My Story

I loved the quiet,

still brightness from the lamp in our bedroom.

 

Leaning, against the bed

book on my lap watching

pages fan shadows under my fingertips.

 

Seeing, reading, learning, growing dreams of another life

another bedroom.

bigger than the one we share with brothers and sisters.

 

Tell me, 

why do the dreams still feel like. Dreams. 

Far away.

 

I sit in my new room,

a dark room.

And the light switch sits too, heavy on my fingertips. 

Too heavy to move.

Yes I am afraid. To bring my failures

into the light.

 

And in the dark, only me

desperately 

heartbreakingly

 

alone.

 

But a worn piece of paper

is a lifeline – 

a note from the past

is a promise to my future.

 

I. will. never. 

let someone else.

Feel. Like. This.

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I'm at home with my daughter and husband, and I'm home before they’re asleep because I don't have any exams this week. I sit down at the table and watch my daughter her programming homweork - building a Tetris game using Scratch - while my husband stands in the kitchen packing her lunch for tomorrow. I'm not usually home early, so I rest for a minute to enjoy simply being with them. I'm about to take my notebooks and laptop out of my backpack to start on my own homework when I see my husband looking at both of us. He doesn't realize I'm watching him. There's a familiar mix of emotions in his eyes, his forehead, his mouth. Surprise, wonder, puzzlement, pride, bashfulness, some exhaustion, and possibly a little sadness. I hear the voices in his head: 

Who are these two, and what did they do with my 3-year old girl and the shy housewife who came here six years ago? I remember when they arrived, between them they spoke six words of English and they cried with relief when I said I would be working from home for a month to introduce them to their new lives.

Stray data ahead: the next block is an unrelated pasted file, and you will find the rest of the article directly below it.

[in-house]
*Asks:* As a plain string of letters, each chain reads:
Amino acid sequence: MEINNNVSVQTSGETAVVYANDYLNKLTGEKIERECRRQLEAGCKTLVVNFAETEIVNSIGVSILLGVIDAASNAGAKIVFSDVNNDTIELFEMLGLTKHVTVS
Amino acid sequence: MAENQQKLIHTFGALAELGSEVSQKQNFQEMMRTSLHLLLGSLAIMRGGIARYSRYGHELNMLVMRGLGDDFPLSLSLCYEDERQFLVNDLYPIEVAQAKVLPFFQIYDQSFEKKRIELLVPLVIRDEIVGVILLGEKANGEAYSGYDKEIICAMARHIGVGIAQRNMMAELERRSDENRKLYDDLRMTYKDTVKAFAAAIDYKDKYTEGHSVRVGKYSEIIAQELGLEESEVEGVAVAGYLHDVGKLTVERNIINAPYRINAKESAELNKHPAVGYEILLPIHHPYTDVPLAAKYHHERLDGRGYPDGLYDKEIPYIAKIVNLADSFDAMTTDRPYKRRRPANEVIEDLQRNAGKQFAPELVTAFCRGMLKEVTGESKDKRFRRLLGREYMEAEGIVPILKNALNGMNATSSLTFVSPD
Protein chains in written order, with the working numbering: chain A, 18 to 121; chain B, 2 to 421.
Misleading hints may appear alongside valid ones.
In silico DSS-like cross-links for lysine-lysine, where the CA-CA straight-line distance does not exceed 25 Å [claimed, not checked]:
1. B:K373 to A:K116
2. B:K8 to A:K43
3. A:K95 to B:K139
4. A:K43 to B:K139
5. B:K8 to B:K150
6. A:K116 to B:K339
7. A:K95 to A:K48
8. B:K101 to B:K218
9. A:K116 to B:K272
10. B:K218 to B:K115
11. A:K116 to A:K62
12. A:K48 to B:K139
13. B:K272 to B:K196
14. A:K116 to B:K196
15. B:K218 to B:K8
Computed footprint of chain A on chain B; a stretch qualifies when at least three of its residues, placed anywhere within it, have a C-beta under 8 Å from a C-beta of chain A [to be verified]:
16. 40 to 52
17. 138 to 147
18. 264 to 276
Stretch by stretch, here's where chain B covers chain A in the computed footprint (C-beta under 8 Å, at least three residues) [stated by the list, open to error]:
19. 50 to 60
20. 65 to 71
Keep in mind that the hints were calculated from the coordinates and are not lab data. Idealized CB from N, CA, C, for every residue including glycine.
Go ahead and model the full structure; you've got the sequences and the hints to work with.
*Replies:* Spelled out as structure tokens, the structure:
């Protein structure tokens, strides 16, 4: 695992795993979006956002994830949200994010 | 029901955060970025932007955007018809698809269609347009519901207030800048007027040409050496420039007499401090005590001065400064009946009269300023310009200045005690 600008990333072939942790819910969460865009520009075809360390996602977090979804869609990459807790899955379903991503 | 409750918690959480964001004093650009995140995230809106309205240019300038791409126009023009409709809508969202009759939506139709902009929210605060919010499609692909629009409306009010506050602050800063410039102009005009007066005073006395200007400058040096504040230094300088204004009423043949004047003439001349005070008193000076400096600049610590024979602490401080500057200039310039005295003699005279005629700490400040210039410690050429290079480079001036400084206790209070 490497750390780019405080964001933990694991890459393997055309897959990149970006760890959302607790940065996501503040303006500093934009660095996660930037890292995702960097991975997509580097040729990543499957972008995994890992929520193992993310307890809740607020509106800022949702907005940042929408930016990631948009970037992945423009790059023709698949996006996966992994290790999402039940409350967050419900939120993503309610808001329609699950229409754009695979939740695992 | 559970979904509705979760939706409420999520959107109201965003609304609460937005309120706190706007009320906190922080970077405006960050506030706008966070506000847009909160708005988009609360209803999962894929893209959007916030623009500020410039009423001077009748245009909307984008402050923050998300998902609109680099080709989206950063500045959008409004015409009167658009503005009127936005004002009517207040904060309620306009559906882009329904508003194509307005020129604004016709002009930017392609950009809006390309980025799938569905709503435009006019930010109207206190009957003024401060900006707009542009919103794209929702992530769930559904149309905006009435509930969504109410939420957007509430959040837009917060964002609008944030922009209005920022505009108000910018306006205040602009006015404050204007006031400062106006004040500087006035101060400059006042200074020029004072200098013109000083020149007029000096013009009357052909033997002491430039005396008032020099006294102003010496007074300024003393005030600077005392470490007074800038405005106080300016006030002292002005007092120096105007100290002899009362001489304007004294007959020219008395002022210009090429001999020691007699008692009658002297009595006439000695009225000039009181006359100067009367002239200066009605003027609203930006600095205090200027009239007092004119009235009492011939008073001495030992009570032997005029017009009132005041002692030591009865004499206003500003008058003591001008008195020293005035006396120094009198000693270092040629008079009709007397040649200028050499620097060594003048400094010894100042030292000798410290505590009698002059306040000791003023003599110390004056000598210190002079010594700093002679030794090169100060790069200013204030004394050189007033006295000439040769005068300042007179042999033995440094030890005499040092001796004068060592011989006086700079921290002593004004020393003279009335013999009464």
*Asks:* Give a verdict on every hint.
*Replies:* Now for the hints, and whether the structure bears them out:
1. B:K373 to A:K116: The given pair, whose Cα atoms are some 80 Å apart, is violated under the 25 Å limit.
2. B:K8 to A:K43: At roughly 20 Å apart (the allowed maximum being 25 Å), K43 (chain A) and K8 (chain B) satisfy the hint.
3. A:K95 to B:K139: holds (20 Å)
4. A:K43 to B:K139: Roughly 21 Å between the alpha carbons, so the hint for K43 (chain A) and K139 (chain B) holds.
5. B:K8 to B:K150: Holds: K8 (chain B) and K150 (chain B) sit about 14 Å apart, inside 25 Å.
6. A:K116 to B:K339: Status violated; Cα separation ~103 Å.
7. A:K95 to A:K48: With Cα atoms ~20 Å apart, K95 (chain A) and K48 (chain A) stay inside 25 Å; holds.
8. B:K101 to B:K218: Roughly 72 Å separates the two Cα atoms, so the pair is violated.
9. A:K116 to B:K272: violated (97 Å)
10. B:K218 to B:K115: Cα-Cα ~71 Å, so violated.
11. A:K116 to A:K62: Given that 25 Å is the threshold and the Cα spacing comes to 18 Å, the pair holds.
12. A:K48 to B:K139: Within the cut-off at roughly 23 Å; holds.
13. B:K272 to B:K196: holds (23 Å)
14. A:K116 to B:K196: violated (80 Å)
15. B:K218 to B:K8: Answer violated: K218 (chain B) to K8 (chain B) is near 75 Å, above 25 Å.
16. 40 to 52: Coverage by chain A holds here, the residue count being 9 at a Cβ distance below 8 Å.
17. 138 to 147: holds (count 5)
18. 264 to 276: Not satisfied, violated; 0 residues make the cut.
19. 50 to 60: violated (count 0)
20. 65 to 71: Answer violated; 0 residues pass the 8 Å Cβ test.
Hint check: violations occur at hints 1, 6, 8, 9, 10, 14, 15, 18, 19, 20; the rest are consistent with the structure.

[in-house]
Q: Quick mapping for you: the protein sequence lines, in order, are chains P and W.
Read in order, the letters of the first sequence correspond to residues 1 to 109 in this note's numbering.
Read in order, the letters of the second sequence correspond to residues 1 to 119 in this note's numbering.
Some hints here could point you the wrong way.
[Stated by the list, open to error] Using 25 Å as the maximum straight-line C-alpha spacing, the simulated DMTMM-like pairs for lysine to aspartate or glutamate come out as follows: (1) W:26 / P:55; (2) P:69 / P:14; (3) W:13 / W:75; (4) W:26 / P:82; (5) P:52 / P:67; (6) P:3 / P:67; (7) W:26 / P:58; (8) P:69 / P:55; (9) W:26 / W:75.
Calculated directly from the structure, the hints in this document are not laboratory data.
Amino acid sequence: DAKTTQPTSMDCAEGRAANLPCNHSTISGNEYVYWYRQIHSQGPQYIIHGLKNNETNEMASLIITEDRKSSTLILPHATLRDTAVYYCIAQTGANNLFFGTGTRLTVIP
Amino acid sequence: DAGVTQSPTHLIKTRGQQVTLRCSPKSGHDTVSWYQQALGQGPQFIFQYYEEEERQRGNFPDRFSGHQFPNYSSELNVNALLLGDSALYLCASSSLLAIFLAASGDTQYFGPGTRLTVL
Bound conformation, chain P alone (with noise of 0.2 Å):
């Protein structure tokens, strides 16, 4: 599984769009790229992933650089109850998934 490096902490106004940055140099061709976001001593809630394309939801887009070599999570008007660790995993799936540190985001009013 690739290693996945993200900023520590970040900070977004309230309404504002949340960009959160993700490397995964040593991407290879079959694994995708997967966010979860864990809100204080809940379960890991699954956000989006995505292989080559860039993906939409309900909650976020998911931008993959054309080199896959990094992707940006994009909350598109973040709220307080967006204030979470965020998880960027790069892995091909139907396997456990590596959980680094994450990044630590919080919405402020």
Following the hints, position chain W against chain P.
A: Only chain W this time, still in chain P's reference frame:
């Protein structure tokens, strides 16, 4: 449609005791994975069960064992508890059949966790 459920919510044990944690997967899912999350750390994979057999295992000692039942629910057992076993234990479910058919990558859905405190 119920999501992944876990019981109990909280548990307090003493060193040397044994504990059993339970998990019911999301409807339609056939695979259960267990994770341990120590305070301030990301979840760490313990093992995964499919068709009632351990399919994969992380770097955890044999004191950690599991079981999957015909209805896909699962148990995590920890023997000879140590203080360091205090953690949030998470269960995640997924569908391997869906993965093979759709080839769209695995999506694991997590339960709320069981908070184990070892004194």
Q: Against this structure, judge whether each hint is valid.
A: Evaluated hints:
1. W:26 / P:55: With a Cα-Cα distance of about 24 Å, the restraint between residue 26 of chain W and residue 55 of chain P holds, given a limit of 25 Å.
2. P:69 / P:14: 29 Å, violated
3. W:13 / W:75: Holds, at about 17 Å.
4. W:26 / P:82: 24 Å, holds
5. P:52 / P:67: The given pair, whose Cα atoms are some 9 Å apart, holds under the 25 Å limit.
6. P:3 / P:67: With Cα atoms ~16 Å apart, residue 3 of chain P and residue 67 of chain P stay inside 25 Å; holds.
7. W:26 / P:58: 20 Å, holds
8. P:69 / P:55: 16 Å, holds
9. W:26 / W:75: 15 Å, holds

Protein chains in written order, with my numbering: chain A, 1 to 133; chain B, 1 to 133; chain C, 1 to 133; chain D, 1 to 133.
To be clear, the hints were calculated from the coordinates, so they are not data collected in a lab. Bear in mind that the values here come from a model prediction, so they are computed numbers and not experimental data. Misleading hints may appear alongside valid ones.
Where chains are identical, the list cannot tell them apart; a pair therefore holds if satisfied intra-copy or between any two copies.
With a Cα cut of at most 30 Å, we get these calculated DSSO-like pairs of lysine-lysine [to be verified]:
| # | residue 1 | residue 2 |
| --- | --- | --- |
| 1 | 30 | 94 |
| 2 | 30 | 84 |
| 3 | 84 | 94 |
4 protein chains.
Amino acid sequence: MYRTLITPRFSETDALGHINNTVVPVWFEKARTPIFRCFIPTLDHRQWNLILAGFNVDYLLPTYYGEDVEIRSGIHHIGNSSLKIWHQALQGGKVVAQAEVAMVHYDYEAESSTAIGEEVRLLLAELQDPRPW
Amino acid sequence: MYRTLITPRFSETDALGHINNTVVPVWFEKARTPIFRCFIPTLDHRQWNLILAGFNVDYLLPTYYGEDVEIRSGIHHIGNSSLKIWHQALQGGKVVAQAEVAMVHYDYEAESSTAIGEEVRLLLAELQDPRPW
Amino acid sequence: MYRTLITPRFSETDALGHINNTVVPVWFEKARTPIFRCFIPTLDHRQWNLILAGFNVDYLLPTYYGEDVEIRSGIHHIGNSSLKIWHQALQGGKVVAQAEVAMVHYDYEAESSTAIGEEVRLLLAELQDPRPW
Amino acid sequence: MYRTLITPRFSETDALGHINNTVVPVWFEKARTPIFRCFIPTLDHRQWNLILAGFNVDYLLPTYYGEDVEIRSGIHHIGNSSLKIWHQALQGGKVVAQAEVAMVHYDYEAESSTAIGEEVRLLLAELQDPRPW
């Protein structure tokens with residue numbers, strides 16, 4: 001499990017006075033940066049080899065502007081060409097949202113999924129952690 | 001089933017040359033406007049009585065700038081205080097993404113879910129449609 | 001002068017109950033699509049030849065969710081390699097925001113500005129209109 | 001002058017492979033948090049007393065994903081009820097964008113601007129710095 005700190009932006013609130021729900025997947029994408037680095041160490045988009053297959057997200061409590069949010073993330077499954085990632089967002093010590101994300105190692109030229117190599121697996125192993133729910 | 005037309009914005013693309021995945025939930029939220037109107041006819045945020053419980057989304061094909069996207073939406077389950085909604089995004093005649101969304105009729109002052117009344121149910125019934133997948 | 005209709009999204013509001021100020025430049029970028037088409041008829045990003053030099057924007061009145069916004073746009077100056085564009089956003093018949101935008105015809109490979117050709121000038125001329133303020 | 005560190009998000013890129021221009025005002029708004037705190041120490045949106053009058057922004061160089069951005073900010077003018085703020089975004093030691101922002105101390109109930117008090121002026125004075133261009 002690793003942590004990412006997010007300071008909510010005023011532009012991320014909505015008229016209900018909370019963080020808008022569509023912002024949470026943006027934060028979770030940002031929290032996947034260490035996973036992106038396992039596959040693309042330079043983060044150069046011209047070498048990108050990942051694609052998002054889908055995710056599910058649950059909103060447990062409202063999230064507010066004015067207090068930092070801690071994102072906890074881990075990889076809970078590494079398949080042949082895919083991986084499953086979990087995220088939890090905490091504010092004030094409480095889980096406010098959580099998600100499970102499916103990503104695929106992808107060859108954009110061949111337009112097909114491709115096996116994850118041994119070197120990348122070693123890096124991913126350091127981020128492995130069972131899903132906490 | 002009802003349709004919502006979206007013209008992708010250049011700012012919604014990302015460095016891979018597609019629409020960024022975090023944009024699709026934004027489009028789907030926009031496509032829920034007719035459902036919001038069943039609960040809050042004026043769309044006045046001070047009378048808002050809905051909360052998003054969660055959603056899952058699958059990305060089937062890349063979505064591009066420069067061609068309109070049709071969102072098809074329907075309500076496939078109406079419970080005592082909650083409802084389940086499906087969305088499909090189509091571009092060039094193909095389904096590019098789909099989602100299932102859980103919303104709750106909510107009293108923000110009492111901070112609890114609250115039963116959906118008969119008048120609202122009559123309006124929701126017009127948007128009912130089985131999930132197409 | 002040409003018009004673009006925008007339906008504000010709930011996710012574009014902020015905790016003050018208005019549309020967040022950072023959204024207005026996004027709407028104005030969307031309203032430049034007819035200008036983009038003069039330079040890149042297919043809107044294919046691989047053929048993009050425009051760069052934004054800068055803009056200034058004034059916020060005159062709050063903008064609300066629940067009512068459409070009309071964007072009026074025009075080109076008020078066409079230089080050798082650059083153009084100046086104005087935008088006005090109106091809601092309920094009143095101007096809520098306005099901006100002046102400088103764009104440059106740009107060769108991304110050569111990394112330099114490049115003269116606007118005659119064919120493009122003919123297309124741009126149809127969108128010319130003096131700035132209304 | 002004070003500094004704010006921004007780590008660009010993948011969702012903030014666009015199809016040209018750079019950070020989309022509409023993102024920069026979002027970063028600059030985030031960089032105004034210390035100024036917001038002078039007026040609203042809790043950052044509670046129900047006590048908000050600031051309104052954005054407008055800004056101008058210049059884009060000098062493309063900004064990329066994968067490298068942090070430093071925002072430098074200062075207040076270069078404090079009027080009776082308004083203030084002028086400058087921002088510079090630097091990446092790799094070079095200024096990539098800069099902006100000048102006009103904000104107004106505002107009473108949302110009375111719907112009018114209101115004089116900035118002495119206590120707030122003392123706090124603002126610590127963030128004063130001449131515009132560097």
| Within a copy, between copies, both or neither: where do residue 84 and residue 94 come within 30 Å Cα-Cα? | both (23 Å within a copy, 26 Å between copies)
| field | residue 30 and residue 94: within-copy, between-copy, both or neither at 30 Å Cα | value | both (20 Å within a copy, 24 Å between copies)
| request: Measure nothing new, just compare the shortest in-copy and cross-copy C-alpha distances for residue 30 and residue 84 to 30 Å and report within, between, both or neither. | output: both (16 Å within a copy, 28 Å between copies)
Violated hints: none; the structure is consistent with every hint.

My new life, I should have said. 

My daughter is 10 years old now, and she makes me watch Disney movies to laugh at jokes I don't understand, she's virtual friends with Justin Bieber, and she wants to drive an "electric racecar" when she grows up. My wife, who came here too scared to leave the house, to learn how to drive, to meet American friends, and to even think about becoming something other than a housewife now spends her free time interviewing for jobs with technology start-ups, writing research papers, and dreaming of ways to turn our daughter into a STEM success story. I never thought I could be so proud of them. 

But this life isn't the one I imagined when we started this family. My mother wanted me to marry a traditional wife because she was a traditional housewife, her mother was a traditional housewife…and their husbands were happy. What would she think of my wife leaving me at home to wash dishes, take my daughter to after-school lessons, and cook dinner almost every day? Would my mother ask if I was happy? 

Am I happy? Do I miss the less complicated life I imagined for us? 

I leave my homework on the dinner table and go to him. Standing behind him at the kitchen counter, I wrap my arms around his waist and lean my head against his shoulder. We watch our daughter finish another day in a life we never dreamed would be ours. 

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